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Hardline Myanmar monk's supporters protest arrest warrant

Hardline Myanmar monk's supporters protest arrest warrant
A supporter of a hard-line Buddhist monk Wirathu is seen at Shwedagon Pagoda in Yangon, following monk's arrest warrant on a charge of sedition in Yangon, Myanmar, May 30, 2019. REUTERS/Ann Wang Copyright ANN WANG(Reuters)
Copyright ANN WANG(Reuters)
By Reuters
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By Zaw Naing Oo

YANGON (Reuters) - Hundreds of supporters of Myanmar nationalist monk Wirathu protested at the country's most sacred Buddhist pagoda on Thursday against a warrant issued for his arrest to face sedition charges.

Wirathu has long been known for harsh rhetoric against Myanmar's Muslim minority, but the order to arrest him follows comments he made that are critical of the civilian government of Aung San Suu Kyi.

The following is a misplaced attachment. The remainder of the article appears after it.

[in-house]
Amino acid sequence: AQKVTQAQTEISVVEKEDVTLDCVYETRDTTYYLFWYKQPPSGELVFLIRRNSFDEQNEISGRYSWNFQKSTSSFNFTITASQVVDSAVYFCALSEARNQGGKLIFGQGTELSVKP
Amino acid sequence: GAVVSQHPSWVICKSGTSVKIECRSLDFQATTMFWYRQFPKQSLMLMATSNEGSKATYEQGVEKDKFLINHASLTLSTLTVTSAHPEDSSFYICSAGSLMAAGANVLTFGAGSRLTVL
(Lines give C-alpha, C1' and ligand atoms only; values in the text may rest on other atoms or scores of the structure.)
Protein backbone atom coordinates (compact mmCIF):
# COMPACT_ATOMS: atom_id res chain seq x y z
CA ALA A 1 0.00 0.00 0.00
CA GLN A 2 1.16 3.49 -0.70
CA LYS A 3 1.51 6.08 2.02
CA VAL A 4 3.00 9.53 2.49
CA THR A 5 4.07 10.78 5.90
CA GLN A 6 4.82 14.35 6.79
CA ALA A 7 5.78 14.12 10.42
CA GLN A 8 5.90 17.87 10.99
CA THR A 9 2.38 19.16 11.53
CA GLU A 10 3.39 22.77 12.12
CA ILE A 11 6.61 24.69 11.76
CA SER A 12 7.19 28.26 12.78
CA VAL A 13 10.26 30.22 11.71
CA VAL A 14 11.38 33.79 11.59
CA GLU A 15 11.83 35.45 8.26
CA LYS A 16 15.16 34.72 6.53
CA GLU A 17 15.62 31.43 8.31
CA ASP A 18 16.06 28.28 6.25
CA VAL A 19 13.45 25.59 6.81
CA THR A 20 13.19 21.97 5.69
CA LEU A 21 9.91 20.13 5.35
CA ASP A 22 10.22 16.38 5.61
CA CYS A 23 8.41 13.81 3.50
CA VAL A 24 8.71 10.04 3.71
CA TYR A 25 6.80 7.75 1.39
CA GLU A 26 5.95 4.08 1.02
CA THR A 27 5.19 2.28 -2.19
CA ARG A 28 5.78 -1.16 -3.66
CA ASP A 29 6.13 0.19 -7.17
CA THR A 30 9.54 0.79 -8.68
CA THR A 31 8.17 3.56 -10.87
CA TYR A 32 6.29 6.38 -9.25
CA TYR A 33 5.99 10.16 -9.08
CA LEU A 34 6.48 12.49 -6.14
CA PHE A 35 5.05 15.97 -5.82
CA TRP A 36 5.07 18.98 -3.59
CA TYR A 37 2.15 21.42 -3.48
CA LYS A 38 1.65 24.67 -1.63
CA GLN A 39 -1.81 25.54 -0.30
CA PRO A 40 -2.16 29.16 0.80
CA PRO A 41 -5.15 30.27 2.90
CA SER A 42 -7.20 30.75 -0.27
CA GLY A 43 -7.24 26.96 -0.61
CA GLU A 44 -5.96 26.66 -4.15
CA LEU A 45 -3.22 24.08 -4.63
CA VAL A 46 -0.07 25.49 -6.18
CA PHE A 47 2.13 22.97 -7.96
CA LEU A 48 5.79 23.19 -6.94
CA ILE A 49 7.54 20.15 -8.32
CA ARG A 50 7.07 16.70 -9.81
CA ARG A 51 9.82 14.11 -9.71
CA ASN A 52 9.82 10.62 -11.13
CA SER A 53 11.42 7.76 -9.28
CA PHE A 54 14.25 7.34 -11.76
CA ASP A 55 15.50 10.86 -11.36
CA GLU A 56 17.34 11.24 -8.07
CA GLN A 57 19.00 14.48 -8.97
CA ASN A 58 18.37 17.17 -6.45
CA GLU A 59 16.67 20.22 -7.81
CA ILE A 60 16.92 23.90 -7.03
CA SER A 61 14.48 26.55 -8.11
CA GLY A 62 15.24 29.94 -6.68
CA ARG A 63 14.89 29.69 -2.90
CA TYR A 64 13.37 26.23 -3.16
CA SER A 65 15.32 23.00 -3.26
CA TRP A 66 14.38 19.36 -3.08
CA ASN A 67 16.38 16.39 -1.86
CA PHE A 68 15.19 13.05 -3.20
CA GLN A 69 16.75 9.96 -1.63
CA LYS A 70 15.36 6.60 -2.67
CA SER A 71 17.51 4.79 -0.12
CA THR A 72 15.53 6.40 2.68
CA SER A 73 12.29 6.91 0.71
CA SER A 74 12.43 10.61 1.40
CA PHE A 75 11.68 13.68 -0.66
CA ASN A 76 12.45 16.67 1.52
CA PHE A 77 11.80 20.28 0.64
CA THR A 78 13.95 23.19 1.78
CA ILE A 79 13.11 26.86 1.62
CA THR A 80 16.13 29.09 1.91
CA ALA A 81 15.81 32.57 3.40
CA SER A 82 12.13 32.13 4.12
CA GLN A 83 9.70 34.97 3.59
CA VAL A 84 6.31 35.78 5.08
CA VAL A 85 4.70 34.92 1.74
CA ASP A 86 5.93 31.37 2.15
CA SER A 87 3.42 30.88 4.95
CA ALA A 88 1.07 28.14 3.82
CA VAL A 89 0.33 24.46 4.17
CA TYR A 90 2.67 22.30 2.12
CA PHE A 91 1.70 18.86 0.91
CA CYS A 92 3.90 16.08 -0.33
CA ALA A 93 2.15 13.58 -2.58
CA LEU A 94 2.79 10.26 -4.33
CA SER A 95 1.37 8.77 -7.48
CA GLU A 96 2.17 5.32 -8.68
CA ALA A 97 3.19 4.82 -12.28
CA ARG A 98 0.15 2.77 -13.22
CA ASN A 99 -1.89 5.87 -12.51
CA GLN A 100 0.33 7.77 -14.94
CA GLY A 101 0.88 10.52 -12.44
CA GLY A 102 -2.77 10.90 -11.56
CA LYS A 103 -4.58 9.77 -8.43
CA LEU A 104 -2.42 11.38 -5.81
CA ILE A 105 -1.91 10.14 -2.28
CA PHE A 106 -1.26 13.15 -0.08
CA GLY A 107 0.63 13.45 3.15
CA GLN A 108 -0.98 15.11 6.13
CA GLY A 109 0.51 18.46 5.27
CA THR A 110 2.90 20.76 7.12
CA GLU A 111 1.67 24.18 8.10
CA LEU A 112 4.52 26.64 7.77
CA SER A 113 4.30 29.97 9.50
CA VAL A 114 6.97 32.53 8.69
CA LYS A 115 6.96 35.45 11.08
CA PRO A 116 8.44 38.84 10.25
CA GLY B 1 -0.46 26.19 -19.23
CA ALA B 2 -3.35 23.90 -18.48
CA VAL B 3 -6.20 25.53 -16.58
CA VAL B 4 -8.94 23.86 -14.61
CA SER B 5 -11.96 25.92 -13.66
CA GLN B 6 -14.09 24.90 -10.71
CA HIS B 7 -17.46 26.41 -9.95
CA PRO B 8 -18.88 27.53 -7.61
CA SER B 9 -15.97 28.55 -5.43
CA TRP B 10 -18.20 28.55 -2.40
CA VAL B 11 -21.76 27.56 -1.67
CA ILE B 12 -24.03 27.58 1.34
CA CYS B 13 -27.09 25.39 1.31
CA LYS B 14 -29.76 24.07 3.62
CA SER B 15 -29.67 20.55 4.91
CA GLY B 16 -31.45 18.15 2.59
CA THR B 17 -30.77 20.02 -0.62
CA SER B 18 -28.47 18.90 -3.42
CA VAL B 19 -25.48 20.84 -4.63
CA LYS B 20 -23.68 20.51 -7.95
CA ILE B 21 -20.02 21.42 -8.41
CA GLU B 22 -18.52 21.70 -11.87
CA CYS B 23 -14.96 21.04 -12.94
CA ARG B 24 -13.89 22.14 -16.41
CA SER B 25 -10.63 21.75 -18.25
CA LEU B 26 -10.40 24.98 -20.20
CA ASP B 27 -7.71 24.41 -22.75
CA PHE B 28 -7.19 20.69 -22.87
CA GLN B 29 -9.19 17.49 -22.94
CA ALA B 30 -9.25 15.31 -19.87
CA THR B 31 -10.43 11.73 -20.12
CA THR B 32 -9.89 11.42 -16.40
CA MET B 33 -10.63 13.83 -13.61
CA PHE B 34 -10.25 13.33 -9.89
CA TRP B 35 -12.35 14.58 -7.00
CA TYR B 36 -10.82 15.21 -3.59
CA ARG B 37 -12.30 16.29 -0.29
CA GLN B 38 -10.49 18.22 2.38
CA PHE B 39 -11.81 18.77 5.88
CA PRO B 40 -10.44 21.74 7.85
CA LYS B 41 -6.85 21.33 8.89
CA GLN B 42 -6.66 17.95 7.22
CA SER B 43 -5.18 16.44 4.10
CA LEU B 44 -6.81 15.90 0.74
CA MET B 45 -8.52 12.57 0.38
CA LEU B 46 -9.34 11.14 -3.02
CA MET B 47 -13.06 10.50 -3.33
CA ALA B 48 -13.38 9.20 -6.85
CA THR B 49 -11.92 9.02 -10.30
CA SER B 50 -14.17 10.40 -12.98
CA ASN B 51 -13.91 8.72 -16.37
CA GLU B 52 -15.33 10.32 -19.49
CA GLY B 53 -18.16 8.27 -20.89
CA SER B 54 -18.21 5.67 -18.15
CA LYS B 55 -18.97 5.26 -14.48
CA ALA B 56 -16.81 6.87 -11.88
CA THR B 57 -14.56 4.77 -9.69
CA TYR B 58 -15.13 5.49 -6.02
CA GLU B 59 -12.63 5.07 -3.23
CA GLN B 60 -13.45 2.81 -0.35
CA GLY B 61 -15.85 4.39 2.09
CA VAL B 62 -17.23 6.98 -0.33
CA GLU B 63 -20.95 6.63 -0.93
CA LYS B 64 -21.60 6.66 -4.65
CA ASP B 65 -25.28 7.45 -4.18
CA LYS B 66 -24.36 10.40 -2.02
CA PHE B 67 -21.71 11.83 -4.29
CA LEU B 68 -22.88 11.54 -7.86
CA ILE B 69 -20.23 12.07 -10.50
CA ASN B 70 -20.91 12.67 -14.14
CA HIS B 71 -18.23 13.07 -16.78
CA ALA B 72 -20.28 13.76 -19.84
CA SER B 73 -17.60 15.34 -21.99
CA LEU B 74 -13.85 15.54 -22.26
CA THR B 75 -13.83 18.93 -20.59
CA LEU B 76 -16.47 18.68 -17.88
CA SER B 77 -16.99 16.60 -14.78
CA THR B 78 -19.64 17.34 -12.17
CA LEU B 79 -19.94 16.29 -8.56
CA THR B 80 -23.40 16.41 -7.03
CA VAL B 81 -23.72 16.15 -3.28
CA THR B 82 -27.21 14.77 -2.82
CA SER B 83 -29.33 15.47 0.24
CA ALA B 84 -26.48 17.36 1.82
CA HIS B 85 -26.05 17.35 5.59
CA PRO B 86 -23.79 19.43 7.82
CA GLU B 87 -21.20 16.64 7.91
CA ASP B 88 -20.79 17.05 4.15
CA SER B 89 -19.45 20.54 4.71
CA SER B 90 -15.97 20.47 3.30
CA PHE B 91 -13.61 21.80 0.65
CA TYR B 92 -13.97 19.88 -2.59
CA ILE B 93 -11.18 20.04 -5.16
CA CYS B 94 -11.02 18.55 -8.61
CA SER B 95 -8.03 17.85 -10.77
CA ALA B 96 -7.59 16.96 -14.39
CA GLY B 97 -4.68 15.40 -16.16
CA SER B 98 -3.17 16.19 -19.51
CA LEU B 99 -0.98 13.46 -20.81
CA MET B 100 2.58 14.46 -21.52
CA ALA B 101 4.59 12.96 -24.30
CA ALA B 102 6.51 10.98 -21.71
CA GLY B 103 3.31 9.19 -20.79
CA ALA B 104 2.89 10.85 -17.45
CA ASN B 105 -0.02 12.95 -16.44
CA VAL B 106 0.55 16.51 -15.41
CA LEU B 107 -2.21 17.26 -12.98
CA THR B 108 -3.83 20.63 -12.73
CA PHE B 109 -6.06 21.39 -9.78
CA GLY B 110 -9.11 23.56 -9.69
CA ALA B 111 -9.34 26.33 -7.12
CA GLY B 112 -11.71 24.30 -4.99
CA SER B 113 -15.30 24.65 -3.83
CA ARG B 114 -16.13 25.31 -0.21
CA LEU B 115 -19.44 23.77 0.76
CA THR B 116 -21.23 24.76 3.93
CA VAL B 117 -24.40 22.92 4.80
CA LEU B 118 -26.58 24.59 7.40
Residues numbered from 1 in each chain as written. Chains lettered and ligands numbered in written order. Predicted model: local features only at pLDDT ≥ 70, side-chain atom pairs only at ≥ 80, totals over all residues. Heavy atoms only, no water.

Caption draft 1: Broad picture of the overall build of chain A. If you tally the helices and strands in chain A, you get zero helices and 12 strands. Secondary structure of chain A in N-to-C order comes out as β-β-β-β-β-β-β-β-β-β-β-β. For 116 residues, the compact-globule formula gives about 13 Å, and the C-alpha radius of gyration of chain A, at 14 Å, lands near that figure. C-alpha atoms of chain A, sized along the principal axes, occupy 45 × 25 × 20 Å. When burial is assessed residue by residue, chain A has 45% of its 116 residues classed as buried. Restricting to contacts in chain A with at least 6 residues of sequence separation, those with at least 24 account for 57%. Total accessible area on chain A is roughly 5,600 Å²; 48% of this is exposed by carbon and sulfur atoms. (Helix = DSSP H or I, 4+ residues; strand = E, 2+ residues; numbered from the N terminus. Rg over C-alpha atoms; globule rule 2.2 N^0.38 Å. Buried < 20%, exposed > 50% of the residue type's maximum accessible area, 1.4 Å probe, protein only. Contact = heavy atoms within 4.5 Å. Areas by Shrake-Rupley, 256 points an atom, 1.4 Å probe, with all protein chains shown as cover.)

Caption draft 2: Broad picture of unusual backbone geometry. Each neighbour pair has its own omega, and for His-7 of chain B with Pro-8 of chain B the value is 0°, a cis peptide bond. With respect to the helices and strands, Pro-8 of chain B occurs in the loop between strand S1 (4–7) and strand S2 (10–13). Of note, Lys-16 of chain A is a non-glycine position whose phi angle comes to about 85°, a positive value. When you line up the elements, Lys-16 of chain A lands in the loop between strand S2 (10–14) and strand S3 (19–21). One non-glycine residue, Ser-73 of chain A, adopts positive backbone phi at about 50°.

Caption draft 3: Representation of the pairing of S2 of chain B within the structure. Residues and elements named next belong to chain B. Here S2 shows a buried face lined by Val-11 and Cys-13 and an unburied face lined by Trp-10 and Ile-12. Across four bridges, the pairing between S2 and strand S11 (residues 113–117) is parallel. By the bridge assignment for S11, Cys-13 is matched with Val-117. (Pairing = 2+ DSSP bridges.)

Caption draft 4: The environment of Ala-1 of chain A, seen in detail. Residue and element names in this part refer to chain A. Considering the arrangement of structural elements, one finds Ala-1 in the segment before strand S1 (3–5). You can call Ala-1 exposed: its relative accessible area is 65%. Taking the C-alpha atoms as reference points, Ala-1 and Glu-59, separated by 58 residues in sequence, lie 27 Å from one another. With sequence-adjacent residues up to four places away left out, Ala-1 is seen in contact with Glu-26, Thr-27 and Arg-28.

At least 300 of Wirathu's supporters gathered outside the Shwedagon Pagoda in Myanmar's biggest city, Yangon.

"He is criticizing the government openly and publicly as a citizen," nationalist activist Win Ko Ko Lat told reporters. "Using the sedition act against him is entirely unfair," he said.

The arrest warrant for Wirathu was issued by a Yangon court on Tuesday. Police have not set out the exact grounds for the warrant under a law that prohibits bringing "hatred or contempt" or exciting disaffection towards the government.

At recent rallies, Wirathu has accused the government of corruption and criticised it for trying to change the constitution in a way that would reduce the power of the military.

The military ruled Myanmar for decades until the start of a transition to civilian rule in 2011. Wirathu is the most prominent of the nationalist monks to emerge as a growing political force since then.

Wirathu is based in the central city of Mandalay, but neither police nor his supporters said where they currently believed him to be.

In fiery speeches, Wirathu has often targeted Rohingya Muslims, more than 700,000 of whom fled an army crackdown in Rakhine State in 2017 that U.N. investigators said was carried out with "genocidal intent".

He has denied accusations of inciting violence.

The charges under the British colonial-era sedition law carry a prison sentence of up to three years.

(Writing by Matthew Tostevin; editing by Darren Schuettler)

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